Contrast ratio is the difference between the brightest and darkest parts of an image, measured in discrete steps, at any given moment. Generally, the higher the contrast ratio, the more realistic the image is (though the "realism" of an image depends on many factors including color accuracy, luminance linearity, and spatial linearity.) Contrast ratios for plasma displays are often advertised as high as 5,000,000:1. On the surface, this is a significant advantage of plasma over most other current display technologies, a notable exception being organic light-emitting diode. Although there are no industry-wide guidelines for reporting contrast ratio, most manufacturers follow either the ANSI standard or perform a full-on-full-off test. The ANSI standard uses a checkered test pattern whereby the darkest blacks and the lightest whites are simultaneously measured, yielding the most accurate "real-world" ratings. In contrast, a full-on-full-off test measures the ratio using a pure black screen and a pure white screen, which gives higher values but does not represent a typical viewing scenario. Some displays, using many different technologies, have some "leakage" of light, through either optical or electronic means, from lit pixels to adjacent pixels so that dark pixels that are near bright ones appear less dark than they do during a full-off display. Manufacturers can further artificially improve the reported contrast ratio by increasing the contrast and brightness settings to achieve the highest test values. However, a contrast ratio generated by this method is misleading, as content would be essentially unwatchable at such settings.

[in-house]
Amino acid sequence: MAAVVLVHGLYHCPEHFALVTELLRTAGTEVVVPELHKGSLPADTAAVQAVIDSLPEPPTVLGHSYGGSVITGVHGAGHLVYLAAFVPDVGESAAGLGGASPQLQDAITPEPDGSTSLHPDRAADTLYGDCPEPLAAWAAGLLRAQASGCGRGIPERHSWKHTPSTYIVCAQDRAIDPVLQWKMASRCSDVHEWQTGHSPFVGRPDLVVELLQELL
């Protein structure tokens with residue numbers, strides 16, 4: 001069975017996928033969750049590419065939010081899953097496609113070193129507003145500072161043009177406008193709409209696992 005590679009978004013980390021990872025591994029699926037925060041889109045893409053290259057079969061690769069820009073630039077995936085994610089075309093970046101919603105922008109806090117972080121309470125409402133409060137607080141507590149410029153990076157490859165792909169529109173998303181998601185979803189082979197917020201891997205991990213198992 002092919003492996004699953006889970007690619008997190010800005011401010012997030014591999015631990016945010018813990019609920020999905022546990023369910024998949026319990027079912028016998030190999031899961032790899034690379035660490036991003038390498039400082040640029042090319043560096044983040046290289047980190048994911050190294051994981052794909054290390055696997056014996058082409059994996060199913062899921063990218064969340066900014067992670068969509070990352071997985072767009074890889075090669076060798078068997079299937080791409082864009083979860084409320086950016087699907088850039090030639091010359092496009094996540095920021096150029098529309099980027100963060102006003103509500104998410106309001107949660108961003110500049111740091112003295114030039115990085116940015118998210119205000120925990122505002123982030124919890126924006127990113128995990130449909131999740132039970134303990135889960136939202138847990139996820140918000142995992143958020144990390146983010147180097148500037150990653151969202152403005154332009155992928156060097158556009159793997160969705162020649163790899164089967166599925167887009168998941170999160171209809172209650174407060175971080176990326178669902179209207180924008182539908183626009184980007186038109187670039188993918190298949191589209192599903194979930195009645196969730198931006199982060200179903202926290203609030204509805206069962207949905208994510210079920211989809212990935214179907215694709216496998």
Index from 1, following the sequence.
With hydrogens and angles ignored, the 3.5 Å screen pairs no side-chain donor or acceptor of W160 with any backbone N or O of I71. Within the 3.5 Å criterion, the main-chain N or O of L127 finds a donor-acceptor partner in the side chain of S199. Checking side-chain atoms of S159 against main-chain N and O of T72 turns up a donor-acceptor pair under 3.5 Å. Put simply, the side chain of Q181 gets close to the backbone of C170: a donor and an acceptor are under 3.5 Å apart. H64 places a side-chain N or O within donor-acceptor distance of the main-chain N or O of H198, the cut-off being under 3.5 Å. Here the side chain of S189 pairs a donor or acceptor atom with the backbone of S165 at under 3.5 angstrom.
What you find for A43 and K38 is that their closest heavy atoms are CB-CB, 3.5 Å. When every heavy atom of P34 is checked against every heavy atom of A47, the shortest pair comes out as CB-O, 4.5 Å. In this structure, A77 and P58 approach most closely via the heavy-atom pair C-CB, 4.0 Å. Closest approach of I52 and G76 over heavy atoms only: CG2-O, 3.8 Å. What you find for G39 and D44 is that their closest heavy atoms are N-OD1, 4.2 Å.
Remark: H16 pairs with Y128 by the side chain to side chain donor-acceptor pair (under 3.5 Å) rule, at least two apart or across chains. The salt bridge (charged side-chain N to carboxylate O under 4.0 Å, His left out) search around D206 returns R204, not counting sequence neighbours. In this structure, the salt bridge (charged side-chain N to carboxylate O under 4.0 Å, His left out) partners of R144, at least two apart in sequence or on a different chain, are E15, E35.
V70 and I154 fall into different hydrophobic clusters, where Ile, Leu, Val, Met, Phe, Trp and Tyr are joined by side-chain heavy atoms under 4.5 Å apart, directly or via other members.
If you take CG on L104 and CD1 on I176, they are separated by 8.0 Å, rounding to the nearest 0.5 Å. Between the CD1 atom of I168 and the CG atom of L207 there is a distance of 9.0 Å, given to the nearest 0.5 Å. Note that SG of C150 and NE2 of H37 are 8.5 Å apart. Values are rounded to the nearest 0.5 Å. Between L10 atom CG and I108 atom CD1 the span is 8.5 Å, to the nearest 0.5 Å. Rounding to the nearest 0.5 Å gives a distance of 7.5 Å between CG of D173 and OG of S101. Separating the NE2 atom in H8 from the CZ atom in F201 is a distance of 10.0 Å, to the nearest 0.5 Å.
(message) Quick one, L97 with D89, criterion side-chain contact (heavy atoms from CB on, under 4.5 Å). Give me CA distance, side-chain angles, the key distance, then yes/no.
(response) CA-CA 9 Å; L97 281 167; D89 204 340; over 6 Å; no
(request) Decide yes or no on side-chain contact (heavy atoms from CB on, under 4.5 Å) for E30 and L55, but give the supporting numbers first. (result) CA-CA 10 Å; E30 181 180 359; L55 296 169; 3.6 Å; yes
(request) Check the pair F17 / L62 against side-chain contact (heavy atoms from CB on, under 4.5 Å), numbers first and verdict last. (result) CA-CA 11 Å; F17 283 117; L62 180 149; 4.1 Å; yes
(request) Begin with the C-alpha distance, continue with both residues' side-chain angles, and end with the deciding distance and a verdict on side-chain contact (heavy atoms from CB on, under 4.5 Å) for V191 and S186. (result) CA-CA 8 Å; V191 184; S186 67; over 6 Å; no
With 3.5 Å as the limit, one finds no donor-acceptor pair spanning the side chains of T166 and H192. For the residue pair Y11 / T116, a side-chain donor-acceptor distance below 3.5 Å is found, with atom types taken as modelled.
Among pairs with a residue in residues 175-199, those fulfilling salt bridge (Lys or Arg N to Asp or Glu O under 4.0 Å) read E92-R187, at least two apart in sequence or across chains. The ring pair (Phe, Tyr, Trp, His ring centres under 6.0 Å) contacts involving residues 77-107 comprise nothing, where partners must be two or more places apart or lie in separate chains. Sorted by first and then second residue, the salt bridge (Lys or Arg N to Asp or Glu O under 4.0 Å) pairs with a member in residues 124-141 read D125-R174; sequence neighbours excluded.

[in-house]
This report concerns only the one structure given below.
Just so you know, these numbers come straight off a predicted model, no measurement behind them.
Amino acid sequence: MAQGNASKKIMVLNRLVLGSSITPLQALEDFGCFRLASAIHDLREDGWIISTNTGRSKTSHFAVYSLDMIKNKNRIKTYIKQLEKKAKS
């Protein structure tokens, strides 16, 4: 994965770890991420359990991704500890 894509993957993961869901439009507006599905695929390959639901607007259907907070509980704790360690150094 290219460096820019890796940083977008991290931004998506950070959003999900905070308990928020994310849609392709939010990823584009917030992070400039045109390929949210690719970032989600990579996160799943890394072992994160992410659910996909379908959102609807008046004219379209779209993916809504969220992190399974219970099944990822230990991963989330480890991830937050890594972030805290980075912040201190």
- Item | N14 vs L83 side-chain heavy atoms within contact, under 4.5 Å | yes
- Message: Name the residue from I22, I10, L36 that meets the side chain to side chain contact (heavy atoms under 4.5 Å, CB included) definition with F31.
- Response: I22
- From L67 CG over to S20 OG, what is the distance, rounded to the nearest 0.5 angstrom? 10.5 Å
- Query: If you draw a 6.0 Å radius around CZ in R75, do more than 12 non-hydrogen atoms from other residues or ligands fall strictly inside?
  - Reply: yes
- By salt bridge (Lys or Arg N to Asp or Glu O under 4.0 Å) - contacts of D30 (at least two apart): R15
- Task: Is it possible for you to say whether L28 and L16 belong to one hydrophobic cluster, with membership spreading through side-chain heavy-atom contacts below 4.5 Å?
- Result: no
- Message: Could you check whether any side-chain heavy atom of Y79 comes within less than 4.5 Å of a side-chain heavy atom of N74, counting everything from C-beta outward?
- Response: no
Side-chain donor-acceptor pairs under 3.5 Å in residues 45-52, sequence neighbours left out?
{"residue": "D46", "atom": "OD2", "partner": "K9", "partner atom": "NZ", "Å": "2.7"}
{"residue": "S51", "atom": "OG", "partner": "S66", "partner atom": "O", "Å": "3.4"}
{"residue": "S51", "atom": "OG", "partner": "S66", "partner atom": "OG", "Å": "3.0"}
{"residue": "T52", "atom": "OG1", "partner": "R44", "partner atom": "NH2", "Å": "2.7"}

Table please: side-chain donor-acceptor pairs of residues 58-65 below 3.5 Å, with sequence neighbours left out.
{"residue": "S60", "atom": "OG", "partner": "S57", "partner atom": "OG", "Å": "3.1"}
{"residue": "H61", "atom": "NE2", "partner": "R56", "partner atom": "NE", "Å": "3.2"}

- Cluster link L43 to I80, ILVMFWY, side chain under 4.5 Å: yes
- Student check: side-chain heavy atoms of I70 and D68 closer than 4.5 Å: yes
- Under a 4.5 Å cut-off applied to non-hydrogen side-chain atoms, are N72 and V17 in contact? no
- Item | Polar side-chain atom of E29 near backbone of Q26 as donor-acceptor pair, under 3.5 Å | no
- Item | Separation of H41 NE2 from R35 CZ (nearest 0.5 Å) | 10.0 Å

Image burn-in occurs on CRTs and plasma panels when the same picture is displayed for long periods of time. This causes the phosphors to overheat, losing some of their luminosity and producing a "shadow" image that is visible with the power off. Burn-in is especially a problem on plasma panels because they run hotter than CRTs. Early plasma televisions were plagued by burn-in, making it impossible to use video games or anything else that displayed static images.
Plasma displays also exhibit another image retention issue which is sometimes confused with screen burn-in damage. In this mode, when a group of pixels are run at high brightness (when displaying white, for example) for an extended period of time, a charge build-up in the pixel structure occurs and a ghost image can be seen. However, unlike burn-in, this charge build-up is transient and self corrects after the image condition that caused the effect has been removed and a long enough period of time has passed (with the display either off or on).